Getting Away With It: Egypt's Religious Minorities Need the Rule of Law

It is still unclear how Egyptian legislation under increasingly Islamist influence might treat the Copts and other religious minorities, but it is an increasingly grim outlook.
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In a recent article, George Washington University's Nathan Brown -- a specialist on Arab constitutions who has advised Congress on regional issues -- starkly argues that American advice for constitutional committees in Tunisia, Egypt and elsewhere will be mostly bad and irrelevant. Brown explains that Arab constitutional committees are likely to allow "few points of entry for foreigners to press their ideas" -- and they will almost certainly look to Europe, rather than the U.S., if they do seek advice elsewhere.

Brown overstates American impotence in much of this piece, particularly since he extends the distressing American experiences with the Iraqi and Afghani constitutions beyond their respective contexts. Those fiascoes notwithstanding, the U.S. can in fact wield influence in the constitutional processes that will inevitably emerge from the Arab Spring.

For example, the U.S. gives Egypt more than $1.3 billion each year in mostly military aid, and it should already be making clear to the transitional Egyptian government that there are redlines for this support -- such as the threat of religious cleansing that was visible in the Oct. 9 massacre of mostly Coptic Christian protestors at Maspero. That drew the pressure of glaring, unwelcome Western media attention on the ruling military junta (the Supreme Council of the Armed Forces, or SCAF), including rare front-page coverage in the New York Times, without which the country's new anti-discrimination legislation would have never seen the light of day. Egyptian authorities can and will respond to bold international pressure, and there is little reason to doubt that this influence will wane substantially, especially as far as its relationship with the U.S. is concerned.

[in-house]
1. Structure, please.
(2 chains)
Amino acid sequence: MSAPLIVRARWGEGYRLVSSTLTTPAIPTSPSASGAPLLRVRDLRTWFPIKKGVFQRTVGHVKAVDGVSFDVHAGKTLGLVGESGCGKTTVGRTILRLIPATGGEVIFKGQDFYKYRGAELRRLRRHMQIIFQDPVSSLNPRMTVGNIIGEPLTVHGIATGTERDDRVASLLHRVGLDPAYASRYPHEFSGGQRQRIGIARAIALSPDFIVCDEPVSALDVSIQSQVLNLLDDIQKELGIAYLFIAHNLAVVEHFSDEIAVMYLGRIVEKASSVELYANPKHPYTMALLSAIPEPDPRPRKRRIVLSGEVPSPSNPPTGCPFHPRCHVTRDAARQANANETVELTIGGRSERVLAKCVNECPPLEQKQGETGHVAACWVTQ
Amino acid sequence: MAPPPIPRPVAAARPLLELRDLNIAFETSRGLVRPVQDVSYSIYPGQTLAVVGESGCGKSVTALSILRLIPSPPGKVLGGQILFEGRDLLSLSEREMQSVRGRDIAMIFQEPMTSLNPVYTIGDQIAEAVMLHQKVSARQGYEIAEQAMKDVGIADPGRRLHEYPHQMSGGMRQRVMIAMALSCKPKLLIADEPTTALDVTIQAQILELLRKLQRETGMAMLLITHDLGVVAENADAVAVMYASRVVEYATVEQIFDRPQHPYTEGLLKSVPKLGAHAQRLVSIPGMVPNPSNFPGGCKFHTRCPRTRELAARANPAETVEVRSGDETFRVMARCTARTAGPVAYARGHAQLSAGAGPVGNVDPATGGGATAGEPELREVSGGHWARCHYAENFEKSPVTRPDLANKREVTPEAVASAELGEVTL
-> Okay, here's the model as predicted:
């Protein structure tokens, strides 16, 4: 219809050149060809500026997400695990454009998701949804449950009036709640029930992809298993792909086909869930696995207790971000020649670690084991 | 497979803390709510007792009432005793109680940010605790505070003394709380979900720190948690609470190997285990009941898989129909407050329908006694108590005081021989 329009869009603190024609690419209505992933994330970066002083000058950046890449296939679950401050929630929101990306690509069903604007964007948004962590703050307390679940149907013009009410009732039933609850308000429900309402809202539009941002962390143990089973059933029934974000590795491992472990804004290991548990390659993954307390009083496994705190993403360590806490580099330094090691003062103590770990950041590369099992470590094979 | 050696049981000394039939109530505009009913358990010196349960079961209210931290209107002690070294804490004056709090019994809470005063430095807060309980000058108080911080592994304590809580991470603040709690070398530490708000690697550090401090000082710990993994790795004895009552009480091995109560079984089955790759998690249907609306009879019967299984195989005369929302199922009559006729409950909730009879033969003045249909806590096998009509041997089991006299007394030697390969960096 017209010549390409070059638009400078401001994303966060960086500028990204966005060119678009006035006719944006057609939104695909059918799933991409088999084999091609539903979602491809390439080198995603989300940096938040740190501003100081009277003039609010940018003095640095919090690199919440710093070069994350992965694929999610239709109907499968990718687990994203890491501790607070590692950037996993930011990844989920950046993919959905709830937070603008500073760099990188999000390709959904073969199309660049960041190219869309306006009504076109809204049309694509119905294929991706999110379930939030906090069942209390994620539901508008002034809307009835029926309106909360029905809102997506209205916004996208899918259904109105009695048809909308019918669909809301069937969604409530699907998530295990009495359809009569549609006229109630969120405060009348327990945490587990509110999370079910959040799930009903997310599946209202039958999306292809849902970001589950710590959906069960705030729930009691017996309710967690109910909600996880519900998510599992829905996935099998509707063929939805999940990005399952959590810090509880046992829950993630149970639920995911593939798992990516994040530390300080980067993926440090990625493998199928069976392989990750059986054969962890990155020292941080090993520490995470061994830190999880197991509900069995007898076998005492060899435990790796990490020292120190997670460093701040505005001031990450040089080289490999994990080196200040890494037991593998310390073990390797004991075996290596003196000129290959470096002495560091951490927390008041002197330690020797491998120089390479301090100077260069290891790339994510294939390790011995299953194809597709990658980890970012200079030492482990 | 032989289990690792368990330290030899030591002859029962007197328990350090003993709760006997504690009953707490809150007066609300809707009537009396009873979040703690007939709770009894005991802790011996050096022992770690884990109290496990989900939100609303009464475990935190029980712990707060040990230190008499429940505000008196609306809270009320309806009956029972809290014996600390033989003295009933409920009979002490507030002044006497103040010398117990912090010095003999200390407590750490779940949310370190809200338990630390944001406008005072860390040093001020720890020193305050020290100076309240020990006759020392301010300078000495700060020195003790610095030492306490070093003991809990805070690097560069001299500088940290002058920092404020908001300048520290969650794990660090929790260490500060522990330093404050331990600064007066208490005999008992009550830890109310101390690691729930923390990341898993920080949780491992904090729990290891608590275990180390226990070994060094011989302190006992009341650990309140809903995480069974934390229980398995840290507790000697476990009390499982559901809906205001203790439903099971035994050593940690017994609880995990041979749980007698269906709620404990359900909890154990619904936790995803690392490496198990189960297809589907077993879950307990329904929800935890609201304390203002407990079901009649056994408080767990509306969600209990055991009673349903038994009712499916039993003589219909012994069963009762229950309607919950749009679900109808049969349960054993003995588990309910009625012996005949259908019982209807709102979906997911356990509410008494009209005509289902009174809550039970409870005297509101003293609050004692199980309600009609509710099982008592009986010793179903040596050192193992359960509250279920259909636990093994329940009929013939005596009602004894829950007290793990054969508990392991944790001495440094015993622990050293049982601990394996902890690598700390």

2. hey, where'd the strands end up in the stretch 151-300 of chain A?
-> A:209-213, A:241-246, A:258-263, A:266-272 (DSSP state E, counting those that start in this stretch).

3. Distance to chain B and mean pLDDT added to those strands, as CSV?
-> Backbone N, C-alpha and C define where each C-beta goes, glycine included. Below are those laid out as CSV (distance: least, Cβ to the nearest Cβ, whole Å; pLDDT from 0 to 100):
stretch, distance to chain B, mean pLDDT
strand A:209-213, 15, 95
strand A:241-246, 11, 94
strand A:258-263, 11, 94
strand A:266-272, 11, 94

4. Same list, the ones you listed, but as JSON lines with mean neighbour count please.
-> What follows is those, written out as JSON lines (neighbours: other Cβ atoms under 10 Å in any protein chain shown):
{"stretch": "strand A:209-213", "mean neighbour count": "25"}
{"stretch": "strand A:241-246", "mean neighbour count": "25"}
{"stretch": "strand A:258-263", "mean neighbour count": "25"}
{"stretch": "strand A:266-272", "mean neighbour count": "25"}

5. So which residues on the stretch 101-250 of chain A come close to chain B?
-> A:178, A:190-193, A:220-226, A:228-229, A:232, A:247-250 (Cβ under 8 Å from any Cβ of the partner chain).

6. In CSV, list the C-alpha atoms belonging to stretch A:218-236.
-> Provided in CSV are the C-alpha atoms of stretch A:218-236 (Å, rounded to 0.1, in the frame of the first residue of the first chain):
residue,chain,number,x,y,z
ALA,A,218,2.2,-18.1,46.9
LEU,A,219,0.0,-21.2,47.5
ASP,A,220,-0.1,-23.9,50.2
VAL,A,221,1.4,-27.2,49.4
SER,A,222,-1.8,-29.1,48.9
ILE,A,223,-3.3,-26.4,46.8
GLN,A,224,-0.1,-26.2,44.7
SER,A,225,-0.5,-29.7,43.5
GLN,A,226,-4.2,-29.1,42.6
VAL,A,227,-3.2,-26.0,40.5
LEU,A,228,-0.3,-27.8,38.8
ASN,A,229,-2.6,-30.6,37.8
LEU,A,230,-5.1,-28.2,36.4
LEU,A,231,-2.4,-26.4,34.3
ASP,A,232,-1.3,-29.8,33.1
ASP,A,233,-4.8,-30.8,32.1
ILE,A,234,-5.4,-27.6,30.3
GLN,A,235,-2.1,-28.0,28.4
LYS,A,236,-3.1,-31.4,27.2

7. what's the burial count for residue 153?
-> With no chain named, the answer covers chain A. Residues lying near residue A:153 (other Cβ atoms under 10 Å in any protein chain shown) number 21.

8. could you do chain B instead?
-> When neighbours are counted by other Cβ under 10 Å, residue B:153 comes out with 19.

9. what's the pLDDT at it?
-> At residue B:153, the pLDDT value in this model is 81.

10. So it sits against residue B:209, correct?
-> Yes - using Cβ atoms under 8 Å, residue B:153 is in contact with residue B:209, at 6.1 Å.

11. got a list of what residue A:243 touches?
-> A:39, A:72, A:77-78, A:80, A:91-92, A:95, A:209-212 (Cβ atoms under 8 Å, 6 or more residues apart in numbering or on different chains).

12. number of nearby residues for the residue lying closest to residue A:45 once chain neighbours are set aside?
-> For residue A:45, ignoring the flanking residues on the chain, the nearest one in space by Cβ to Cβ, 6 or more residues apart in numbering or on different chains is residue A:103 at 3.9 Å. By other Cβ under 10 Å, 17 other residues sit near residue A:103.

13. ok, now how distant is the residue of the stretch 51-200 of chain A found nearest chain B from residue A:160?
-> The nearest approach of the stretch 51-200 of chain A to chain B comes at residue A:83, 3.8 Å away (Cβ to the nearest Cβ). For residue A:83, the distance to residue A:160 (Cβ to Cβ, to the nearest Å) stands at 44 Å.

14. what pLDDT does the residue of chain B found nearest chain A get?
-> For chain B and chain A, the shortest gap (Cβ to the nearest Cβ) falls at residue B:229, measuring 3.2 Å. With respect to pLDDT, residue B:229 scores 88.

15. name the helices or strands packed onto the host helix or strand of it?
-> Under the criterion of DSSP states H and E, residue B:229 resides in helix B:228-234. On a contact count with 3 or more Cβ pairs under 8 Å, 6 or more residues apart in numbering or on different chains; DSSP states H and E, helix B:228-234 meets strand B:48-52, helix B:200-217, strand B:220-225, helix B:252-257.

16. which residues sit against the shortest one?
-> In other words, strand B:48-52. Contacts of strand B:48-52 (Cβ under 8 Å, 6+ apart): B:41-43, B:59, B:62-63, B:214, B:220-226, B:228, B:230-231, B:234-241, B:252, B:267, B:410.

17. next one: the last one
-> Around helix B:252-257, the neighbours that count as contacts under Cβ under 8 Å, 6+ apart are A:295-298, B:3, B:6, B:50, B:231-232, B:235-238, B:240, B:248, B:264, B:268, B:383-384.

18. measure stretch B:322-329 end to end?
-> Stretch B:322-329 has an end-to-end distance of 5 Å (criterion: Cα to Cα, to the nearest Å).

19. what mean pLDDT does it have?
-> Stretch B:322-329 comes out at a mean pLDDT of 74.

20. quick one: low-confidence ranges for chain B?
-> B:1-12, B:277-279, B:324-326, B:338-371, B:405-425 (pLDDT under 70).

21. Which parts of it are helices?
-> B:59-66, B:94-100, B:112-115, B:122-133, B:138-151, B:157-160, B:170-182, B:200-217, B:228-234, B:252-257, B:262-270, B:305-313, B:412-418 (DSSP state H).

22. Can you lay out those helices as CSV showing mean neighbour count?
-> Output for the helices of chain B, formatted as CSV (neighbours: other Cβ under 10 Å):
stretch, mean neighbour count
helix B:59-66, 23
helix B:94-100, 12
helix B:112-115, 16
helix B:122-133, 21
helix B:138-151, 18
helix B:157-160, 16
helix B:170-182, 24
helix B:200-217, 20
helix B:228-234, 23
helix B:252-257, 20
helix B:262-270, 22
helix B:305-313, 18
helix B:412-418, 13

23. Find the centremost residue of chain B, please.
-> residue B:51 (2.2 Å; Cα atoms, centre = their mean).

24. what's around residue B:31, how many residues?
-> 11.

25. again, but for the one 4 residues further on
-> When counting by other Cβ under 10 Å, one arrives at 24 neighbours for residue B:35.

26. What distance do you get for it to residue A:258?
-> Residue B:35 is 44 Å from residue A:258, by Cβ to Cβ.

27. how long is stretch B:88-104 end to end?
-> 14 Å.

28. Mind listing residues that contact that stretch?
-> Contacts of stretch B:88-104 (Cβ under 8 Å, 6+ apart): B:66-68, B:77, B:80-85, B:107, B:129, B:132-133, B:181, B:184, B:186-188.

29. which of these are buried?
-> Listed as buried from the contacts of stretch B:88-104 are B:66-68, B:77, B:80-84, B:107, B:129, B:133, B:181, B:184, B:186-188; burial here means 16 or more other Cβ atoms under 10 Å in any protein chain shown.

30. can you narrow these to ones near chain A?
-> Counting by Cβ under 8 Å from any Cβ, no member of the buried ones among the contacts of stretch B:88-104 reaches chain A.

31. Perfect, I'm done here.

Brown's article does correctly allow for one exception in which Western engagement may bear fruit: the rule of law principle. For the Egyptian context, in which the U.S. holds influence, this principle is not incidental. Muslims and Christians in Egypt have both suffered from the inconsistent implementation of justice that has grown out of a culture of rampant corruption, the abuse of extra-constitutional military trials and other breaches of rule of law. However, this principle is also evident in the religious discrimination clearly playing a role in the recent increase of anti-Christian mob violence across the nation, and in the distinct lack of will on the part of Egyptian authorities to prevent or punish this violence.

In other words, all Egyptian citizens suffer from a rule of law deficit, and in this respect the country's non-Muslims suffer most of all. Assuming the country's new anti-discrimination law will be implemented to afford equal protection under the law, the rule of law will be essential to addressing that Egypt's pattern of allowing with impunity religious violence against its minorities.